Introduction by Laurie R. King
The most famous of the Sherlock Holmes stories, The Hound of the Baskervilles features the phantom dog of Dartmoor, which, according to an ancient legend, has haunted the Baskervilles for generations. When Sir Charles Baskerville dies suddenly of a heart attack on the grounds of the family’s estate, the locals are convinced that the spectral hound is responsible, and Holmes is called in. “Conan Doyle triumphed and triumphed deservedly,” G. K. Chesterton wrote, “because he took his art seriously, because he lavished a hundred little touches of real knowledge and genuine picturesqueness on the police novelette.”
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|Title of History eBook: The Hound of the Baskervilles|
|Release Date: 12-18-2007|
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|Publisher: Random House Publishing Group|
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The Hound of the Baskervilles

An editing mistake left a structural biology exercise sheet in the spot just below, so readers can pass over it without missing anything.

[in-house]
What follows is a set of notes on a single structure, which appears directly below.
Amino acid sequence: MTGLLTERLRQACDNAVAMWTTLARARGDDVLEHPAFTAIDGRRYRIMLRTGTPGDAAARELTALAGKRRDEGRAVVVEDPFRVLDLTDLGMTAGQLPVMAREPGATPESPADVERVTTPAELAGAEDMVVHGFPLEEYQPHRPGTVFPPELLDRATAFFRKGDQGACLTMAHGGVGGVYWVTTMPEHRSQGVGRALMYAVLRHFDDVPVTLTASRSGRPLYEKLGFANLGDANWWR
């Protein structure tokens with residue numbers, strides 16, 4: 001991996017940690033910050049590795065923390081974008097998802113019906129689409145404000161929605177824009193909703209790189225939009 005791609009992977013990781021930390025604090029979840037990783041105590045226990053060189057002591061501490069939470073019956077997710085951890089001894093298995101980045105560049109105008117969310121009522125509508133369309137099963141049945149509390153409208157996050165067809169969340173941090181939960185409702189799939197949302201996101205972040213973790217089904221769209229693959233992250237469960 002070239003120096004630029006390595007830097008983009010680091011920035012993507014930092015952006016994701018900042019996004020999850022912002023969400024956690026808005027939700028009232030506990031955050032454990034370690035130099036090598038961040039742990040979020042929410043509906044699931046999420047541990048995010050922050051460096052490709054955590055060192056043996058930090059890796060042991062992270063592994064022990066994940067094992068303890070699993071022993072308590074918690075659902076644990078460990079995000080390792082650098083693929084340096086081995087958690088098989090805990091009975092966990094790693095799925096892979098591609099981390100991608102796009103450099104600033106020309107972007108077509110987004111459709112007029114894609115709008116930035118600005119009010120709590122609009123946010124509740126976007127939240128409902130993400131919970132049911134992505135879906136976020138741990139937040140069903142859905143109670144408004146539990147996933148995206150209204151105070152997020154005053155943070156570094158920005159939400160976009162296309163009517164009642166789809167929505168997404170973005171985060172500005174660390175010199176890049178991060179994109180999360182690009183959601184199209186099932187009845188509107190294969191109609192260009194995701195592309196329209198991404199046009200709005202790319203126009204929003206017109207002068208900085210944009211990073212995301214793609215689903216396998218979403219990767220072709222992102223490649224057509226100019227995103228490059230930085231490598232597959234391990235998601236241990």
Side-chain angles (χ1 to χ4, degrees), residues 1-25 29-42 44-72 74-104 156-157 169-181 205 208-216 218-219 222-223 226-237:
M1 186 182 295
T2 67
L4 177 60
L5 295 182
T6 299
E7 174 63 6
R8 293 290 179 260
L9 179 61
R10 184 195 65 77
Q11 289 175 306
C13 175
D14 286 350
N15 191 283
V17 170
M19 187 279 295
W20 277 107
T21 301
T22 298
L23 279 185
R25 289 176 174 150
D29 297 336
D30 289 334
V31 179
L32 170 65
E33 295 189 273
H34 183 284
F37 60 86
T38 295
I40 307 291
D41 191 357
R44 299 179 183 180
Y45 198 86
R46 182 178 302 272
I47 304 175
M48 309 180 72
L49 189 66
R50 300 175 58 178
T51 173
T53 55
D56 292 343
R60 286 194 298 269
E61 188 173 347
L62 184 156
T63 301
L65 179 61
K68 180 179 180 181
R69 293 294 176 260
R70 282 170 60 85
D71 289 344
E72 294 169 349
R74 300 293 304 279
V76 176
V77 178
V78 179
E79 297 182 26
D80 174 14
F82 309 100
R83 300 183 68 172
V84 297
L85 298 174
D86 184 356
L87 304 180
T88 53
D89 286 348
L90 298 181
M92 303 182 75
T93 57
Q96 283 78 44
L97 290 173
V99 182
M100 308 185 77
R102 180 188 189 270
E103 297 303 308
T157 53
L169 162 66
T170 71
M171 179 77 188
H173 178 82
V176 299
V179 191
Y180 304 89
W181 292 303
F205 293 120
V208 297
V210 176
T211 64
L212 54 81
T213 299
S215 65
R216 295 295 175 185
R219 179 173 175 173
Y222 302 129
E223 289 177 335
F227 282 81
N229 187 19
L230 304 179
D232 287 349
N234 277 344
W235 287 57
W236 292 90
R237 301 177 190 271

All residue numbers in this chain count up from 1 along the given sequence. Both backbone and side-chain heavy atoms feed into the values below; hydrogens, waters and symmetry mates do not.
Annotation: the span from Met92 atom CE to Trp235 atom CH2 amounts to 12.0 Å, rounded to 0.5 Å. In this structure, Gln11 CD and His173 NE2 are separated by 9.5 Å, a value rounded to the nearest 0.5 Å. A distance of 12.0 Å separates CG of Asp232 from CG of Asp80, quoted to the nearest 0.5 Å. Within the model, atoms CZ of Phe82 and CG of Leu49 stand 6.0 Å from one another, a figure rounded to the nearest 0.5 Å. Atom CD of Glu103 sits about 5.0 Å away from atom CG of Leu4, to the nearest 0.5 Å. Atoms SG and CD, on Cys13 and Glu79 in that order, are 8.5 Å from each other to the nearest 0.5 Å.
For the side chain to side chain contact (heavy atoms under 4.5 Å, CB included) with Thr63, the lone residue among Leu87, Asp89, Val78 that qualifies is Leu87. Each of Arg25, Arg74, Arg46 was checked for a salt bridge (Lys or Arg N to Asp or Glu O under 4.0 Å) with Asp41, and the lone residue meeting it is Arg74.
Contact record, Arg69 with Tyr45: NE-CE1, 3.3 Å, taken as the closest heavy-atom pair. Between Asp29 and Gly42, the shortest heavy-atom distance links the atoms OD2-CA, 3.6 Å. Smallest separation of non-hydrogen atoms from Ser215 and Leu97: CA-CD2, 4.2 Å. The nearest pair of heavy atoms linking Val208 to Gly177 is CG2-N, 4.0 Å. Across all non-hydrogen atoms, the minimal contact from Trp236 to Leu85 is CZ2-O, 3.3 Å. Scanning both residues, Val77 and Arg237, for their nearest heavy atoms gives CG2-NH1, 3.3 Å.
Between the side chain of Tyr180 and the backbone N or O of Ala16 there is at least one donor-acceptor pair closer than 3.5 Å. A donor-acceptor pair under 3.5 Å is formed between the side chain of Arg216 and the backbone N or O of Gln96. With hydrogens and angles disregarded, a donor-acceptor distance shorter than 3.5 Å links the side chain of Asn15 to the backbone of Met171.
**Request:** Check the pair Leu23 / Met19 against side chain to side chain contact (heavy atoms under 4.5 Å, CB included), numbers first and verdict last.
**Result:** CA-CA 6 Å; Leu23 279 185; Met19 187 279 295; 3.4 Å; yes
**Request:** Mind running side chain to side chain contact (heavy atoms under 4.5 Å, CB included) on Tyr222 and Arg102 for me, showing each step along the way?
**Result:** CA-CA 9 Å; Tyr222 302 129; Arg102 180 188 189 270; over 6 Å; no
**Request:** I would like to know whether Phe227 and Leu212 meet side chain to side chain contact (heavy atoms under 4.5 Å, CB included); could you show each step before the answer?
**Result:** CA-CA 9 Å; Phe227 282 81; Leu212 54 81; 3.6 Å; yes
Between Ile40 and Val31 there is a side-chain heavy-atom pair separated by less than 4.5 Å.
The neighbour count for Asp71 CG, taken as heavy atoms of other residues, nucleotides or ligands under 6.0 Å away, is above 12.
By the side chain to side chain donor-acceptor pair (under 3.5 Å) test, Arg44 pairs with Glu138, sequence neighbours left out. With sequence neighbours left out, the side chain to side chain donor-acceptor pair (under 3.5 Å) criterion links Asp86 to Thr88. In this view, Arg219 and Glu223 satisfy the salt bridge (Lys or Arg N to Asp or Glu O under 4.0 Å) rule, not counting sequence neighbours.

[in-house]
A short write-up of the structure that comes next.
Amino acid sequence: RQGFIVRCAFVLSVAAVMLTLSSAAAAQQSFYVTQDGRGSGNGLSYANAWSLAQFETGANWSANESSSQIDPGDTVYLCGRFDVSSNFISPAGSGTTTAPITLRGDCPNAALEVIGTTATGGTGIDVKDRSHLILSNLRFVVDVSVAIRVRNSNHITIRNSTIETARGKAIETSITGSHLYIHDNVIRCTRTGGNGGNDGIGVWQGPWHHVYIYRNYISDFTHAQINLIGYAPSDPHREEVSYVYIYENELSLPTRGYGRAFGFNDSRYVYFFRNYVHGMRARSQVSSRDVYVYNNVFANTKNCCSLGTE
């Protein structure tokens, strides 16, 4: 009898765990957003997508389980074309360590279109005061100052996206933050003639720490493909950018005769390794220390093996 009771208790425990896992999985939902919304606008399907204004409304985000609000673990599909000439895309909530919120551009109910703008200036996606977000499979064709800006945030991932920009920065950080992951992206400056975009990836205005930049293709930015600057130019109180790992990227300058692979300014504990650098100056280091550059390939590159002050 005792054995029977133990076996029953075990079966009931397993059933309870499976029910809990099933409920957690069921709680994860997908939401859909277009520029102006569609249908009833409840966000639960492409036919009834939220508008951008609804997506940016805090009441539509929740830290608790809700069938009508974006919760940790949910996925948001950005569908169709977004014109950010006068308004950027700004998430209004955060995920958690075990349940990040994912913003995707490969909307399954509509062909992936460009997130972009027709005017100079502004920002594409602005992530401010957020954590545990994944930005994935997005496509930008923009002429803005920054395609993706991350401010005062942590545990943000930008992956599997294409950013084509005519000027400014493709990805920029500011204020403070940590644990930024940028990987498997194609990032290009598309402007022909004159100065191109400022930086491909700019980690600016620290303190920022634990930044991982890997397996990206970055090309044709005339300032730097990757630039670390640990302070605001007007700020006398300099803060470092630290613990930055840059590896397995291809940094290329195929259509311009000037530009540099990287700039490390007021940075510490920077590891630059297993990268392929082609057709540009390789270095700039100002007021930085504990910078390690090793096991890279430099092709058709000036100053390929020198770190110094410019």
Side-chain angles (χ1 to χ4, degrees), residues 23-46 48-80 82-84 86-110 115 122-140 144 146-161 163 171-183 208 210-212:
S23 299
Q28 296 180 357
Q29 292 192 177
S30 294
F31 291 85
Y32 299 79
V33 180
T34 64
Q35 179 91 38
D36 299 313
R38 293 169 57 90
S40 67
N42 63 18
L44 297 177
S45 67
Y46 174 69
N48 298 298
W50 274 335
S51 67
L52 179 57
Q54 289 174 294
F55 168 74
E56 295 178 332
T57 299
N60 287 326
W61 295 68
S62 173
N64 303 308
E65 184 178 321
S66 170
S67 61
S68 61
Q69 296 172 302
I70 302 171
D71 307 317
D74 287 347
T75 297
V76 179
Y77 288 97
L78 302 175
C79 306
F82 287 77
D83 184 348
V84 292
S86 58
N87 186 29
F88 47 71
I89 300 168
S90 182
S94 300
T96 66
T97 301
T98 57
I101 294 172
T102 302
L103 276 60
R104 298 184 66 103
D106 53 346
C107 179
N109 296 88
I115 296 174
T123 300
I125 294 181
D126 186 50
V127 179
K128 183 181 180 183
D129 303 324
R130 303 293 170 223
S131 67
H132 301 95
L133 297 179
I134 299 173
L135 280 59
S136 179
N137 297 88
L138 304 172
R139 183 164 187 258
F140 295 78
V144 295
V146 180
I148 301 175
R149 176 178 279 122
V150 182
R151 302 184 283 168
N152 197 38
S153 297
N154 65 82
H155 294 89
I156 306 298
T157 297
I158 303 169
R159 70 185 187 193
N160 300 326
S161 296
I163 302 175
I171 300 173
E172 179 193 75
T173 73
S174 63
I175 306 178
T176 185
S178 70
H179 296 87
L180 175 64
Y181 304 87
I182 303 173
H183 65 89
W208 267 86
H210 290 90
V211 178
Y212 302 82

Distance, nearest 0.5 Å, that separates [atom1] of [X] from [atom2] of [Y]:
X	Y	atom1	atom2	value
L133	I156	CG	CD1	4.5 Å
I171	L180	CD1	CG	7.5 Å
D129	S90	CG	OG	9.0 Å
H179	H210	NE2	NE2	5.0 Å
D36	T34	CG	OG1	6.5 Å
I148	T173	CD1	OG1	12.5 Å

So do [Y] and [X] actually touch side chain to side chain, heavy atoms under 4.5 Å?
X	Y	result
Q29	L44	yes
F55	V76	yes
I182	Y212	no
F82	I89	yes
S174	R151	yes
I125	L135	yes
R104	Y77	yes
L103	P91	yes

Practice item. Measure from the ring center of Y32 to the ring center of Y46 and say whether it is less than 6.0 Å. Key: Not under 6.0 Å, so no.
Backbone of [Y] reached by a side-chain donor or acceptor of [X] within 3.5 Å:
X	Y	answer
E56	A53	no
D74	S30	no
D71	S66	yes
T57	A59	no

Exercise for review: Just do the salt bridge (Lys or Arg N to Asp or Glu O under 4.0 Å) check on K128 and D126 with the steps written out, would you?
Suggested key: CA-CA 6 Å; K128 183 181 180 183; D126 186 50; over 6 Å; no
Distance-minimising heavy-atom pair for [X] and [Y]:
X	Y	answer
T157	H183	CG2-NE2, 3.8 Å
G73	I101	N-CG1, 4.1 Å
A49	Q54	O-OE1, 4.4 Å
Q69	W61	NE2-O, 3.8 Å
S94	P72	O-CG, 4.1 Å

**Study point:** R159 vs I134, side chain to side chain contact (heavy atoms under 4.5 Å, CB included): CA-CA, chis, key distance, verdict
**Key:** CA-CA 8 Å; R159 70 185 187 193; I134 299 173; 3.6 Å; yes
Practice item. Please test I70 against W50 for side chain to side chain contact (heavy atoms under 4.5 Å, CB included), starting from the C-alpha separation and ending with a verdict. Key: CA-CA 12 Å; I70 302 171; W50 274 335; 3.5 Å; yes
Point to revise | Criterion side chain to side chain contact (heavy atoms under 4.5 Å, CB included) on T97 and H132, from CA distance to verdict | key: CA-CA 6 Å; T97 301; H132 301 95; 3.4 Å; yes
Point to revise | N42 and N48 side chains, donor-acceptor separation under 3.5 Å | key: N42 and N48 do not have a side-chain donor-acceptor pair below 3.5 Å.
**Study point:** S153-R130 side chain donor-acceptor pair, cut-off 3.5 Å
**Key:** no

Mr. Sherlock Holmes
Mr. Sherlock Holmes, who was usually very late in the mornings, save upon those not infrequent occasions when he stayed up all night, was seated at the breakfast table. I stood upon the hearth-rug and picked up the stick which our visitor had left behind him the night before. It was a fine, thick piece of wood, bulbous-headed, of the sort which is known as a “Penang lawyer.” Just under the head was a broad silver band, nearly an inch across. “To James Mortimer, M.R.C.S., from his friends of the C.C.H.,” was engraved upon it, with the date “1884.” It was just such a stick as the old-fashioned family practitioner used to carry—dignified, solid, and reassuring. “Well, Watson, what do you make of it?” Holmes was sitting with his back to me, and I had given him no sign of my occupation. “How did you know what I was doing? I believe you have eyes in the back of your head.” “I have, at least, a well-polished, silver-plated coffee-pot in front of me,” said he. “But, tell me, Watson, what do you make of our visitor’s stick? Since we have been so unfortunate as to miss him and have no notion of his errand, this accidental souvenir becomes of importance. Let me hear you reconstruct the man by an examination of it.” “I think,” said I, following so far as I could the methods of my companion, “that Dr. Mortimer is a successful elderly medical man, well-esteemed, since those who know him give him this mark of their appreciation.” “Good!” said Holmes. “Excellent!” “I think also that the probability is in favour of his being a country practitioner ...